Denise Russell Fleming is a BAE Systems business tech VP
She's a well-rounded leader who uses business savvy to leverage technology at her company, and good sense to leverage success in her career
'We protect those who protect us" is the slogan BAE Systems has chosen to illustrate its commitment to its customers. It is one of the reasons Denise Russell Fleming joined the organization in 2010.
BAE Systems (Arlington, VA) is a global defense, aerospace and security company, and the second largest defense company in the world. Fleming is vice president of business technology and transformation, reporting directly to D. Michael Bennett, SVP of information management and CIO. She's responsible for developing strategies to ensure alignment of business technology with business goals.
About one hundred people report to Fleming, including business technology officers, enterprise architects, and portfolio and project managers. Her team works with the business to identify technology and process improvements that can create discriminators for BAE Systems in the marketplace. Part of BAE Systems' growth was through acquisitions, Fleming points out, so it is important to ensure consistency.
"BAE Systems has a vast product portfolio and each line of business has a technology officer," she says. "We spend a lot of time reviewing the changing needs of the enterprise and the opportunities these create. I also work with my counterparts in operations. From an IT standpoint, we communicate what we are doing to the business, focusing on delivery of technology and capabilities.
"It isn't just technology for technology's sake," she emphasizes. "We have various engineering, HR and other collaboration tools in place to create consistency in order to reduce cost. We ensure that processes, people and technology are all aligned to support the needs of the customers."
Early aspirations and lessons
Fleming refers to herself as "a New York City girl," born in Queens. She was good at math and science and took specialty courses designed for pre-med, her original aspiration. "But in my junior year when they wheeled in the cat for dissection, I realized that the blood wasn't for me."
Fortunately, her physics teacher piqued her interest in engineering and she attended a week-long program for women at the Stevens Institute of Technology (Hoboken, NJ). "Women with engineering degrees came in to talk to us. I remember one who was an electrical engineer working at a telecommunications company. She had parlayed that degree into a role in technical marketing, and that ended up being a path that I followed."
Fleming attended the University of Virginia (UVA, Charlottesville, VA) and earned her BS in electrical engineering in 1993. She had done a co-op at IBM (now Lockheed Martin, Manassas, VA) working on a submarine sonar program for the U.S. Navy. "It confirmed that the business aspect was where my passion was. I enjoyed what I was doing but I wasn't the research person. I wanted to focus more on the application side to enable business to use technology for differentiated advantage."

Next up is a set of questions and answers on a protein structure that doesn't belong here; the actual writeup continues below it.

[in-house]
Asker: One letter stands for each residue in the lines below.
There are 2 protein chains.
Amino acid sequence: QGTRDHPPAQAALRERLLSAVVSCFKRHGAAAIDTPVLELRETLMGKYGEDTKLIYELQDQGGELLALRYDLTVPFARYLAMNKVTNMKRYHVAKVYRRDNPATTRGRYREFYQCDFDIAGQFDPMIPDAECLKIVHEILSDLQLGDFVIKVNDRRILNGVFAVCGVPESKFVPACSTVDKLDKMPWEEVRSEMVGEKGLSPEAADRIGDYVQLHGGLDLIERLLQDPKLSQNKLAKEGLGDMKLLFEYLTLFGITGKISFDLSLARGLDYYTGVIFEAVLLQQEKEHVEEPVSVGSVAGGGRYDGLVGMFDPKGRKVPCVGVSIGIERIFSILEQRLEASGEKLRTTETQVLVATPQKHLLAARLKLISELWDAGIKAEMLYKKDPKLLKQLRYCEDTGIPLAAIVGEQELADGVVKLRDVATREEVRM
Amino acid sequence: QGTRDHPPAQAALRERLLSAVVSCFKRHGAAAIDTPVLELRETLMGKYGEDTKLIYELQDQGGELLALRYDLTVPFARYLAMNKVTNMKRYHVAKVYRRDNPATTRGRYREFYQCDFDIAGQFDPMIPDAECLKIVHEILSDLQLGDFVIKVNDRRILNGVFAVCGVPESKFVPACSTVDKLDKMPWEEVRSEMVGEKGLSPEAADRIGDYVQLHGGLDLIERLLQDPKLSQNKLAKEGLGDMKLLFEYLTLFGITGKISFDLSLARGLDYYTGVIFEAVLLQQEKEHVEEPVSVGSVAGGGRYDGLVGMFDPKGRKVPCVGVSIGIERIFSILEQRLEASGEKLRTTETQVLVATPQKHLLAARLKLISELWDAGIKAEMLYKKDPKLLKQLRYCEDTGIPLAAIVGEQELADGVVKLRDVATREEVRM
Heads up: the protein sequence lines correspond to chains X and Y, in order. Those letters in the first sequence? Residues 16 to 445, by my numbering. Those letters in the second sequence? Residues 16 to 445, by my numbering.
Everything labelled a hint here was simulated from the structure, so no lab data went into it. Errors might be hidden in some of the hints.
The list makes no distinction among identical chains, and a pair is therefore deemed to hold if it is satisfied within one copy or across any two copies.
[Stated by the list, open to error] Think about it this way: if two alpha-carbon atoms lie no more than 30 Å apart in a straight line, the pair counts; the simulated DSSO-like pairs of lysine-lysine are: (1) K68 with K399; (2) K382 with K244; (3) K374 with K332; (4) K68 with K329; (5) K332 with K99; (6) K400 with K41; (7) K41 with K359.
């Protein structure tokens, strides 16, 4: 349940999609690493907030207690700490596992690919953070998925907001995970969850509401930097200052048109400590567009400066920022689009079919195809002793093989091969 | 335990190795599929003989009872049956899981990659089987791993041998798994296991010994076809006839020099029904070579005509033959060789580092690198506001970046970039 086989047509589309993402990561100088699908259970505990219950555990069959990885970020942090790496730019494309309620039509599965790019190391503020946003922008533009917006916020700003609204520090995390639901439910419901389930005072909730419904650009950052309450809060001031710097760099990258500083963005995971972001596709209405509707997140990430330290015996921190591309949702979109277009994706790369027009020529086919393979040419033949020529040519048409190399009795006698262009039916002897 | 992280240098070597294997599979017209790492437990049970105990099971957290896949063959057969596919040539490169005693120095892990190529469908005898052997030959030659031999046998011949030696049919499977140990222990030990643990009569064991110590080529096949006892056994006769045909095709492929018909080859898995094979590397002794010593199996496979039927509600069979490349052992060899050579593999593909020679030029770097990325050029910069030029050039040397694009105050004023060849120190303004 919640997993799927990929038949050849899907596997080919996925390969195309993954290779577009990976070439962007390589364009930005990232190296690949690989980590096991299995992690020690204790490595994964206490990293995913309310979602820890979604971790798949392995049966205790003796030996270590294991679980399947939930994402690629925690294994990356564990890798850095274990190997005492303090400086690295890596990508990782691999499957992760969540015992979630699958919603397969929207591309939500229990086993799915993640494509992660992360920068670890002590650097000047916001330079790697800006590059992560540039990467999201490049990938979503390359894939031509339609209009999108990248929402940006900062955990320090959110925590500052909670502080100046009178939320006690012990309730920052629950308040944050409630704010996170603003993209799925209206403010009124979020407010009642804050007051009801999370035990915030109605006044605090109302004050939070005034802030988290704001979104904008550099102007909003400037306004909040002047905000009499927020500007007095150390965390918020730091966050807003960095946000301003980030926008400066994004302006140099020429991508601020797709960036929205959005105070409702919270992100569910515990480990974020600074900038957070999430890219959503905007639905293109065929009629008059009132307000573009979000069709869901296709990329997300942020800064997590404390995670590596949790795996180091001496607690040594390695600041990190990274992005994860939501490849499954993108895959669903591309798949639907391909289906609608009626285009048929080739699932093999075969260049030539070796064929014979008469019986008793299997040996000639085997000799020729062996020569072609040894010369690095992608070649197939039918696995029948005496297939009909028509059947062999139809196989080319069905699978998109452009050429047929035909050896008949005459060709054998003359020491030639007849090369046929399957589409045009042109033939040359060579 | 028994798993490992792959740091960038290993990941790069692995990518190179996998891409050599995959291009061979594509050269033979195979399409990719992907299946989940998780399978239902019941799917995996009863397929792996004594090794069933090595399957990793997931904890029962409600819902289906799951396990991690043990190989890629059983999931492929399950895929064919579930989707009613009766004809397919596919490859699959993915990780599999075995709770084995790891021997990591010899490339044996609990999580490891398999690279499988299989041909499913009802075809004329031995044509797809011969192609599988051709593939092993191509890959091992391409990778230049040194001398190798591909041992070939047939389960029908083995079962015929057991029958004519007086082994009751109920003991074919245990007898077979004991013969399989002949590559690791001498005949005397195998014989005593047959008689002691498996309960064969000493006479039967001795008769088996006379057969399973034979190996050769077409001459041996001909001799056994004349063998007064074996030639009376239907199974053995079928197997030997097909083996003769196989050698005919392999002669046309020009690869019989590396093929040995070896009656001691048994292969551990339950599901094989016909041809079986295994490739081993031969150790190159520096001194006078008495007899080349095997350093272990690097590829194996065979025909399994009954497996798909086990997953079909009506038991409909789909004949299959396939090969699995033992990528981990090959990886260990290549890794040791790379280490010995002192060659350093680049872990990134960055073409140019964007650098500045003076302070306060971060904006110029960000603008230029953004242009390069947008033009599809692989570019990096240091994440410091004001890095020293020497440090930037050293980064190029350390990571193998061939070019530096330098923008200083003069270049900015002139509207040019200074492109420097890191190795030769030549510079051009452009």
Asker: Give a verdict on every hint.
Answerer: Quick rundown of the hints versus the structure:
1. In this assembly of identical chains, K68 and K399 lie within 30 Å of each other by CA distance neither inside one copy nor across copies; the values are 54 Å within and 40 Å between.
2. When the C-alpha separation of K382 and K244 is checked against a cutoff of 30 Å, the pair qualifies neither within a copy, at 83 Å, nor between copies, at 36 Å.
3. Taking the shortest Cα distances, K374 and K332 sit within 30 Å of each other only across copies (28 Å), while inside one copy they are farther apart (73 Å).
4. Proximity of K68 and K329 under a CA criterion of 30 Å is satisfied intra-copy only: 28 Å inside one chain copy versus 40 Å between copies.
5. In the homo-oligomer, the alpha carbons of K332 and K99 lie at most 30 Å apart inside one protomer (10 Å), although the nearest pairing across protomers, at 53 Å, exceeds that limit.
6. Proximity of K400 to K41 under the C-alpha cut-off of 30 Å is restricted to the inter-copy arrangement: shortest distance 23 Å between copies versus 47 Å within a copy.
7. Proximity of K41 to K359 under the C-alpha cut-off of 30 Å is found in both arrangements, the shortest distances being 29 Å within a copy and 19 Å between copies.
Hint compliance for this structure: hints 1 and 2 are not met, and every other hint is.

After graduation, she joined Telecommunications Techniques Corporation (now JDSU, Germantown, MD) as a product marketing engineer, where she led product development and marketing efforts for a line of portable test equipment.
She wanted to strengthen her background in finance and business development, and enrolled at Duke University's Fuqua School of Business (Durham, NC), earning her MBA in 1997.
Armed with both technology and business degrees, Fleming sought tech companies that offered management development programs. She joined Sprint Nextel (Overland Park, KS), and completed a three-year rotation highlighted by assignments in platform design, management and competitive marketing strategy, and was part of a long-distance team negotiating rates for wholesale minutes.
"The goal was to exit at a director level and I actually did that before I left," Fleming says proudly. She became director of staff operations for the office of the chairman and CEO responsible for pre-sales and post-sales engineering for Sprint's federal government business, which reached a billion dollars in revenue during her tenure.
She then became vice president of service and repair, platform planning and alliances and, finally, network service management. After thirteen years at Sprint Nextel, Fleming went to BAE Systems in 2010. "I wanted to continue to leverage technology to create business advantage and my position here was a new one in the company."
She had another reason for joining BAE Systems. "When you make a change at this level, the cultural fit is something you think about," she admits. "The CEO is a woman who understands the value of technology as a differentiator. She also values diversity and inclusion. The investment that is made in the development of leaders here is broader than I have seen anywhere."
Fleming serves on advisory boards for Women in Engineering in the Clark School of Engineering at the University of Maryland (College Park, MD) and the information systems department in the School of Business at Howard University (Washington, DC).
"Early in my career, I had a mentor tell me that 'Success is when preparation meets opportunity,'" remembers Fleming. "The part I can control is being prepared. I can't control what those opportunities are but there is some sense that things are going to work out and I will be in the right place at the right time."
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